Use this URL to cite or link to this record in EThOS: http://ethos.bl.uk/OrderDetails.do?uin=uk.bl.ethos.664524
Title: Imagery : effects on motor performance and exploration of neural substrates
Author: Jiang, Dan
ISNI:       0000 0004 5363 922X
Awarding Body: Bangor University
Current Institution: Bangor University
Date of Award: 2014
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Abstract:
This thesis is written as a collection of research papers detailing four studies through which imagery perspectives, modality, ability and their neural substrates were investigated. Study 1 explored the effects of internal visual imagery and external visual imagery on the performance of a slalom-based motor task, with the results demonstrating beneficial performnance effects for internal visual imagery over external visual imagery. Study 2 followed the design of study 1, and further examined the effects of imagery modality (visual and kinaesthetic) on the performance of the slalom-based task. The results revealed that kinaesthetic imagery provided beneficial effects over internal visual imagery. Study 3 applied the Vividness of Movement Imagery Questionnaire-2 (VMIQ-2) and fMRI to study the brain activation underpinning internal visual imagery, external visual imagery and kinaesthetic imagery. Results showed internal visual imagery, external visual imagery and kinaesthetic imagery elicited both common areas of activation (in the right supplementary motor area, BA6) and dissociated areas of activation. Specifically, internal visual imagery compared to both external visual imagery and kinaesthetic imagery activated occipital and parietal and frontal brain areas (i.e., the dorsal stream) while external visual imagery activated the occipital ventral stream areas and kinaesthetic imagery activated caudate and cerebellum areas. Study 4 investigated the neural substrates of high and low imagers for different visual imagery perspectives and modality using fMRI. More brain activations were detected in the low imagers than the high imagers during all imagery conditions. Specifically, the medial temporal lobe and the superior temporal gyrus showed more activation in the low imagers. From these results it can be suggested that individuals with lower imagery ability are less efficient in recruiting relevant brain areas to generate vivid images than those with higher imagery ability.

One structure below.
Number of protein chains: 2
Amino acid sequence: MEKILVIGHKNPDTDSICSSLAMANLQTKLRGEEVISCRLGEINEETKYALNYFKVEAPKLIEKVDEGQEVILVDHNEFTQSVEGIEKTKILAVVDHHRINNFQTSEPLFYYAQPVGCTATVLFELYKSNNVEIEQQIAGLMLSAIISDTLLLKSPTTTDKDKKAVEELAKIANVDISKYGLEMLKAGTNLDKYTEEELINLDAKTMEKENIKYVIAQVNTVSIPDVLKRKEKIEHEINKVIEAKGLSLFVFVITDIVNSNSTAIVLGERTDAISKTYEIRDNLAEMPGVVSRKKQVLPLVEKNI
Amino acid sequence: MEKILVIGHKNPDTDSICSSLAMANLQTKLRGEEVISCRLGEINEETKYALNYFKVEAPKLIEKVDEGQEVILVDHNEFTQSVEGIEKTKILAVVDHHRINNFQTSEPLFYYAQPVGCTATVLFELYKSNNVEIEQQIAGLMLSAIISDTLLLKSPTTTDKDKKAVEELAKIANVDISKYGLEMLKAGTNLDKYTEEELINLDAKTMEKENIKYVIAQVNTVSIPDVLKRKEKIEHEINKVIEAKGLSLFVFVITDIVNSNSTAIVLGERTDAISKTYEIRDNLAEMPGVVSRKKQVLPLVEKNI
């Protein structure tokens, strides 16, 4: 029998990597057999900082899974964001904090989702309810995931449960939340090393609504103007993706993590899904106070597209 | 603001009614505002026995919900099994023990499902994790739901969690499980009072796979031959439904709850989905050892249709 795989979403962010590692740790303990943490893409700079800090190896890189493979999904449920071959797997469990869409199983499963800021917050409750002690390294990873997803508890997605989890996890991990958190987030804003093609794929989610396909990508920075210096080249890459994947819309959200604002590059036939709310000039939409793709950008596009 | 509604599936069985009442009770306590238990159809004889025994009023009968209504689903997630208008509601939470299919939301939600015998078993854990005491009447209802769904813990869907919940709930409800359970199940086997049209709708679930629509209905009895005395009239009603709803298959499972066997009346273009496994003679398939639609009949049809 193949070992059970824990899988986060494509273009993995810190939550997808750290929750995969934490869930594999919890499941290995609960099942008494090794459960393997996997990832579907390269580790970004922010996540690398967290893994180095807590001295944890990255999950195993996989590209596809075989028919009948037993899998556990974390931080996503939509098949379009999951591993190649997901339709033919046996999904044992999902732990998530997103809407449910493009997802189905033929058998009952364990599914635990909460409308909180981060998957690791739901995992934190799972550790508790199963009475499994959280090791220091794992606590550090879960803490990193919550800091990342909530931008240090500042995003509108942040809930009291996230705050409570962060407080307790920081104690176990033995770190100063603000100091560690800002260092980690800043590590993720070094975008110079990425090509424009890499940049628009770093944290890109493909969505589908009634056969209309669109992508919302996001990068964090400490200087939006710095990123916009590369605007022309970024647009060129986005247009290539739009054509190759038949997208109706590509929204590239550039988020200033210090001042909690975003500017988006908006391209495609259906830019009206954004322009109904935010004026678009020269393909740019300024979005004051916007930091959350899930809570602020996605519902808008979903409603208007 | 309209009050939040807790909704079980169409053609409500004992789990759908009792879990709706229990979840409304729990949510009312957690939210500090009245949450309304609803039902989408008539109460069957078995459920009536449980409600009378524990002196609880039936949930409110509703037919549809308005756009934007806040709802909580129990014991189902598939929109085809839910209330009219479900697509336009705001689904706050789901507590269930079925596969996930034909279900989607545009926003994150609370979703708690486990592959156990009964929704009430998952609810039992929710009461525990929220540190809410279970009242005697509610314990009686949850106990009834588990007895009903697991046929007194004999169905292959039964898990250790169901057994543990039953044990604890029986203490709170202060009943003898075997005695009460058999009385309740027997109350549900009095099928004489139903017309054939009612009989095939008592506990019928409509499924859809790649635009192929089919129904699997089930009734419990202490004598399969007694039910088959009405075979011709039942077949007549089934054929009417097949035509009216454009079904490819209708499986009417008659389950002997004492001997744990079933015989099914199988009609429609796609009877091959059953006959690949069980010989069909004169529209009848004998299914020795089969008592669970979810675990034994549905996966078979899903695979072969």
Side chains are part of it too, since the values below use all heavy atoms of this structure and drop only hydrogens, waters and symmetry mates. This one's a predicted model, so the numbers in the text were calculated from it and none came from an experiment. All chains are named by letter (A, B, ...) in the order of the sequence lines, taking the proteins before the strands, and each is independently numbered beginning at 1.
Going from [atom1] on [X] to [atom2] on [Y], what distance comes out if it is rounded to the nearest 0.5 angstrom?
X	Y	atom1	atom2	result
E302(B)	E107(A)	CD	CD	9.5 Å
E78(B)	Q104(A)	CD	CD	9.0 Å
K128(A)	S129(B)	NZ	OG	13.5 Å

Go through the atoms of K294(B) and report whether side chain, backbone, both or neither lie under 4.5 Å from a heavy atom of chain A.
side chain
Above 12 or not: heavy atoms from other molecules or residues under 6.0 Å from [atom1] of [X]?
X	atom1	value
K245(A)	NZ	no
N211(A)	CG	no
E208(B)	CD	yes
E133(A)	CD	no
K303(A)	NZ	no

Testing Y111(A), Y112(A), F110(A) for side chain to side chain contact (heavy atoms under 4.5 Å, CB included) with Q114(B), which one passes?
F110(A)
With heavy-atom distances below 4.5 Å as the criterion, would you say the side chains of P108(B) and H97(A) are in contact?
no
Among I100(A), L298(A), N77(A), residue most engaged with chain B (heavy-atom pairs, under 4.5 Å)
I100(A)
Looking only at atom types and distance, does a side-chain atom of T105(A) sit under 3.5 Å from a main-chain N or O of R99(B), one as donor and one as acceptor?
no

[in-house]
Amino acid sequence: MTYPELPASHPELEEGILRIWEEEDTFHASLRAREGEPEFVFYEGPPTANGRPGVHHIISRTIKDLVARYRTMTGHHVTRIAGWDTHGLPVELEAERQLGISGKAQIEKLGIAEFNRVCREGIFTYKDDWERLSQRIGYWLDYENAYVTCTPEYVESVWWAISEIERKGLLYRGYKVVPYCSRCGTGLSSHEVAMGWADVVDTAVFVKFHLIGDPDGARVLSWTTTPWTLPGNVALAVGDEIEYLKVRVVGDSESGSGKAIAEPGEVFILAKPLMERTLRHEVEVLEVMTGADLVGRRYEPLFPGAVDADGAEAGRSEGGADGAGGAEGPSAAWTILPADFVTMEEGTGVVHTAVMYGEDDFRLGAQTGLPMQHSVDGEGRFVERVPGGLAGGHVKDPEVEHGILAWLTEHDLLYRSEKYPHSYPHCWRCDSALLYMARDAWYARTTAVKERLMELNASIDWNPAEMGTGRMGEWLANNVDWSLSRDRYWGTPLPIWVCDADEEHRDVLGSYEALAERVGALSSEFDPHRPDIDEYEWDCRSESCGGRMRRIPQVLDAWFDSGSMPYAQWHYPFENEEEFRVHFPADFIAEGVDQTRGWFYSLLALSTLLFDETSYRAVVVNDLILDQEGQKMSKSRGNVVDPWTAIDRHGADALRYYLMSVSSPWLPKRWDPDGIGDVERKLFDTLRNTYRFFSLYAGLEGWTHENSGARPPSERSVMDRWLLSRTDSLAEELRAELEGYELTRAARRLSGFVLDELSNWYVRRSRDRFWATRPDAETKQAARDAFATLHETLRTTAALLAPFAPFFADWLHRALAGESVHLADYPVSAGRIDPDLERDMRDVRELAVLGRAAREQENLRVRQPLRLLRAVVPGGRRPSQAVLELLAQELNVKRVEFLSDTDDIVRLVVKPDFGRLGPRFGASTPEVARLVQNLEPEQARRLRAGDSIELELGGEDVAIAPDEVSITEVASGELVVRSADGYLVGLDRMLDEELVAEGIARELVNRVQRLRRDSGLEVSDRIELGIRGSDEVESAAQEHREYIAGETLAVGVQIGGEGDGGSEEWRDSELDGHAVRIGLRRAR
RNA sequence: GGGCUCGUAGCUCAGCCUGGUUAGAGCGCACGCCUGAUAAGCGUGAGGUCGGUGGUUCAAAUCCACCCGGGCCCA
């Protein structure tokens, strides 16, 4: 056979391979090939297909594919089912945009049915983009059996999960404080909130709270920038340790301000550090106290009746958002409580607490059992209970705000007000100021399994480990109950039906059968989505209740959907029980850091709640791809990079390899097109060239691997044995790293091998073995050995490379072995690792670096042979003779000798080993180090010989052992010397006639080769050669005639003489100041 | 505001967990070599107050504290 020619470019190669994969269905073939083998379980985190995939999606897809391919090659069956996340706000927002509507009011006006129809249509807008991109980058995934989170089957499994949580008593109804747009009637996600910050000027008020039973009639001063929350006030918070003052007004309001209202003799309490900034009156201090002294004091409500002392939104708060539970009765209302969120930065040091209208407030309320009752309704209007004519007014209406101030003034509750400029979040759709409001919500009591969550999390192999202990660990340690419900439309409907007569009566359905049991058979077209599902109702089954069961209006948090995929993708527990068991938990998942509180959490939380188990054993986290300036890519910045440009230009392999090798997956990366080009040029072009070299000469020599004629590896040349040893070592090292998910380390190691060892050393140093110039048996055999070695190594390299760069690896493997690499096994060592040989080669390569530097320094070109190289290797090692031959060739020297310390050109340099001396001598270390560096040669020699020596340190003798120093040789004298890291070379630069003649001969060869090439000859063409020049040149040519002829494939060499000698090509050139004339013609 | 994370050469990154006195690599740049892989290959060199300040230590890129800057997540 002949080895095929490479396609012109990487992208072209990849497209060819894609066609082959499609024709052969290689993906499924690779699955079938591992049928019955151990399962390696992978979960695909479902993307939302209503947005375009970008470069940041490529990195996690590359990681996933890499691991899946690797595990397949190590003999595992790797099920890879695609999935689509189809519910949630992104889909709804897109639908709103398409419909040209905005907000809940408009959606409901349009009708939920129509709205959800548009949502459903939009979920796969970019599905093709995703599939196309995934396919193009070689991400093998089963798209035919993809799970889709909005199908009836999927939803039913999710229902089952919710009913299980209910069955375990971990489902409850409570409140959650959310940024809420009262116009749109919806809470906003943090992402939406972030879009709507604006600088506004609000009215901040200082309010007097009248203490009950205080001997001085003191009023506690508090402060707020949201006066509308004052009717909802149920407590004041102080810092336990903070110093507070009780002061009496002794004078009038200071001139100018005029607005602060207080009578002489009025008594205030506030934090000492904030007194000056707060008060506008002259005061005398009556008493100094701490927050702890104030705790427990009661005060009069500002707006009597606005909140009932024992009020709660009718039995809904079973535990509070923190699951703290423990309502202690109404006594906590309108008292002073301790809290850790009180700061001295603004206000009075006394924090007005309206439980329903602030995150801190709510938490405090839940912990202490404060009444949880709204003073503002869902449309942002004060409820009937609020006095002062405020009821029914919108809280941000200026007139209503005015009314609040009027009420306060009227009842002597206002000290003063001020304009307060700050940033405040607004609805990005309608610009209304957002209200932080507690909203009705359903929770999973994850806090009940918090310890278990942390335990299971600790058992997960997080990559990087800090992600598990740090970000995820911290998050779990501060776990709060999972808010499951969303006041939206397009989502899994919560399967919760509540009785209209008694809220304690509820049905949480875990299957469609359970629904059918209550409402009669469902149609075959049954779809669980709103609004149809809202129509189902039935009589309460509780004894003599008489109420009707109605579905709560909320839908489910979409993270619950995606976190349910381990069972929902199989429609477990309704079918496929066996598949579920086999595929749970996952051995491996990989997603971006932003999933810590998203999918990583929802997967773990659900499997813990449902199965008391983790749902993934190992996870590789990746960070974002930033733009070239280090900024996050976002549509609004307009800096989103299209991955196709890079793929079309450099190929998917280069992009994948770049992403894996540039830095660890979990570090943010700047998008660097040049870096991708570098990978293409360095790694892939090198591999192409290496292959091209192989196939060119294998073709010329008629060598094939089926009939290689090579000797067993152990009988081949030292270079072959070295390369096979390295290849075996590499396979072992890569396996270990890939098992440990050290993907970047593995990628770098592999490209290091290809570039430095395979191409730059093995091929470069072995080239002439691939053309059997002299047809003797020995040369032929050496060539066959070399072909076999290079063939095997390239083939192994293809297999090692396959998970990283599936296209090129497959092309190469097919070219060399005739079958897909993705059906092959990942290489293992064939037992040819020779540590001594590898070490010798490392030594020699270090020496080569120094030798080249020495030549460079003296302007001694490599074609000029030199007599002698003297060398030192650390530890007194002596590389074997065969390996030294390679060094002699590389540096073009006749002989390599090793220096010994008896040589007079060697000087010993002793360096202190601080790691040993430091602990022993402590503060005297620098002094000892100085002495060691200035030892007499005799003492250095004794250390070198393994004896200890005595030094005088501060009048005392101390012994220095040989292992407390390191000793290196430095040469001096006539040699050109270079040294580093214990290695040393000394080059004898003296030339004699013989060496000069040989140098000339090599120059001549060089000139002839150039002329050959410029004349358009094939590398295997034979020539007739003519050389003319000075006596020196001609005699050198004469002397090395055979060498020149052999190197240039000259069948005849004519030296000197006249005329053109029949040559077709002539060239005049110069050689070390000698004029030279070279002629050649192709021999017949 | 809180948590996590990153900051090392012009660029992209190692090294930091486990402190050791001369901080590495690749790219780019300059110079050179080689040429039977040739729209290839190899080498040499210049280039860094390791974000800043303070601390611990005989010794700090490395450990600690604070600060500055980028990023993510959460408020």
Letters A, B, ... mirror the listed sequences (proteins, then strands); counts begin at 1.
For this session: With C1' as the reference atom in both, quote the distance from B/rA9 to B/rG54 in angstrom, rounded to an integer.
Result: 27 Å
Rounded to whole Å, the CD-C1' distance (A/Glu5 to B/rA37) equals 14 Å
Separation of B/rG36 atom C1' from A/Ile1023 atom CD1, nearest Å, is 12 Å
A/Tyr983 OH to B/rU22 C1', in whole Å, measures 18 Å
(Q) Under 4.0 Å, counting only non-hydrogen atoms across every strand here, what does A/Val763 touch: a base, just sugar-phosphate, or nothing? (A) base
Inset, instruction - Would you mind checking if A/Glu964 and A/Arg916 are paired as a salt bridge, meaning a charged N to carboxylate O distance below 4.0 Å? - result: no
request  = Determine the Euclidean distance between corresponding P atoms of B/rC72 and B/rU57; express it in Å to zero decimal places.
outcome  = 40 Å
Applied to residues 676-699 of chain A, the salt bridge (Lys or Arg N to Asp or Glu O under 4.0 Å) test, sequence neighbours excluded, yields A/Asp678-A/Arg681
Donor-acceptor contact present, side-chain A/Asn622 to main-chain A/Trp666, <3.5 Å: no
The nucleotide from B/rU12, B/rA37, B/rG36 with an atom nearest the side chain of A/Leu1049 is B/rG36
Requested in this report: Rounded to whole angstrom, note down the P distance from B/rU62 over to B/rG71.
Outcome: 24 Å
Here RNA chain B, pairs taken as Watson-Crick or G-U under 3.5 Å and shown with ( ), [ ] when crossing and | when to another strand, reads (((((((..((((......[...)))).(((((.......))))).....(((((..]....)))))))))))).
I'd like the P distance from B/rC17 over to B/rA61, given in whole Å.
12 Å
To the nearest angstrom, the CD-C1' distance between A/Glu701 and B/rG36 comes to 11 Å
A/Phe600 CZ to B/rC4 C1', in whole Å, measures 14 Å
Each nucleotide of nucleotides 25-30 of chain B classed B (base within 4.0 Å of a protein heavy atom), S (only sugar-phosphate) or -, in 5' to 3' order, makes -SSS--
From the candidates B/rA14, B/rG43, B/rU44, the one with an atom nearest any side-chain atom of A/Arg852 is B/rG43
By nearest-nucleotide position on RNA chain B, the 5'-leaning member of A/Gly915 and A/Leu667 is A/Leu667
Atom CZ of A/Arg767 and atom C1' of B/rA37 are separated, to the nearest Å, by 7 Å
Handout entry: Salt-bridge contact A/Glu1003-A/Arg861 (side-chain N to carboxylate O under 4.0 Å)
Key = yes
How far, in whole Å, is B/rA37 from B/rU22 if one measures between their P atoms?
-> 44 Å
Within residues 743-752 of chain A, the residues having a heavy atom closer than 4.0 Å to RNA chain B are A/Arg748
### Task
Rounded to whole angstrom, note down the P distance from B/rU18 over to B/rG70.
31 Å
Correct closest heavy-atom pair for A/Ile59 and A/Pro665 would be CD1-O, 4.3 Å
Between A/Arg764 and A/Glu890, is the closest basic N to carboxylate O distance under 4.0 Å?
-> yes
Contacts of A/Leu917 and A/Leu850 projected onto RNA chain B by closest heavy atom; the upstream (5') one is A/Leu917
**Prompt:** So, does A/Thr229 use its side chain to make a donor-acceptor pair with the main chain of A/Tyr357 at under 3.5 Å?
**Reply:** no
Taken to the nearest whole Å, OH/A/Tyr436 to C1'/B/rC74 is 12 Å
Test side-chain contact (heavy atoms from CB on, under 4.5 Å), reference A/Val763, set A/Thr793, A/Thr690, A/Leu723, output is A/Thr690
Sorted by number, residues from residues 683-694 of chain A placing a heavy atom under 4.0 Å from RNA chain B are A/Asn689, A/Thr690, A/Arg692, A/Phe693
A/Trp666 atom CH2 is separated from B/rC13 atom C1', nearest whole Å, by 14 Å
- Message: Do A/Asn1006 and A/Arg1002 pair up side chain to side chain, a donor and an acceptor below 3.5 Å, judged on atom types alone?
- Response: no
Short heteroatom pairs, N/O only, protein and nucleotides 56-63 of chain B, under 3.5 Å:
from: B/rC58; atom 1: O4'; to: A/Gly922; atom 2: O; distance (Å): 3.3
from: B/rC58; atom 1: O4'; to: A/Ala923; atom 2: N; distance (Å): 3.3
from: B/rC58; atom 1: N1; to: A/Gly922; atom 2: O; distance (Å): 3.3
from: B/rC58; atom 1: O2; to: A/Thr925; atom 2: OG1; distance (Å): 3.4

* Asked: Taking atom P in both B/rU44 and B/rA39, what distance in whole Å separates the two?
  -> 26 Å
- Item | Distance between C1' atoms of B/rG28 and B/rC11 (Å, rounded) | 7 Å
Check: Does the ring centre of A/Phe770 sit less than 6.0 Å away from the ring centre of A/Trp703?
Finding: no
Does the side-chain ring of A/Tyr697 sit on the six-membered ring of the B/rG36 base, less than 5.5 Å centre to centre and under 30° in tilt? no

Supervisor: Not available Sponsor: Not available
Qualification Name: Thesis (Ph.D.) Qualification Level: Doctoral
EThOS ID: uk.bl.ethos.664524  DOI: Not available
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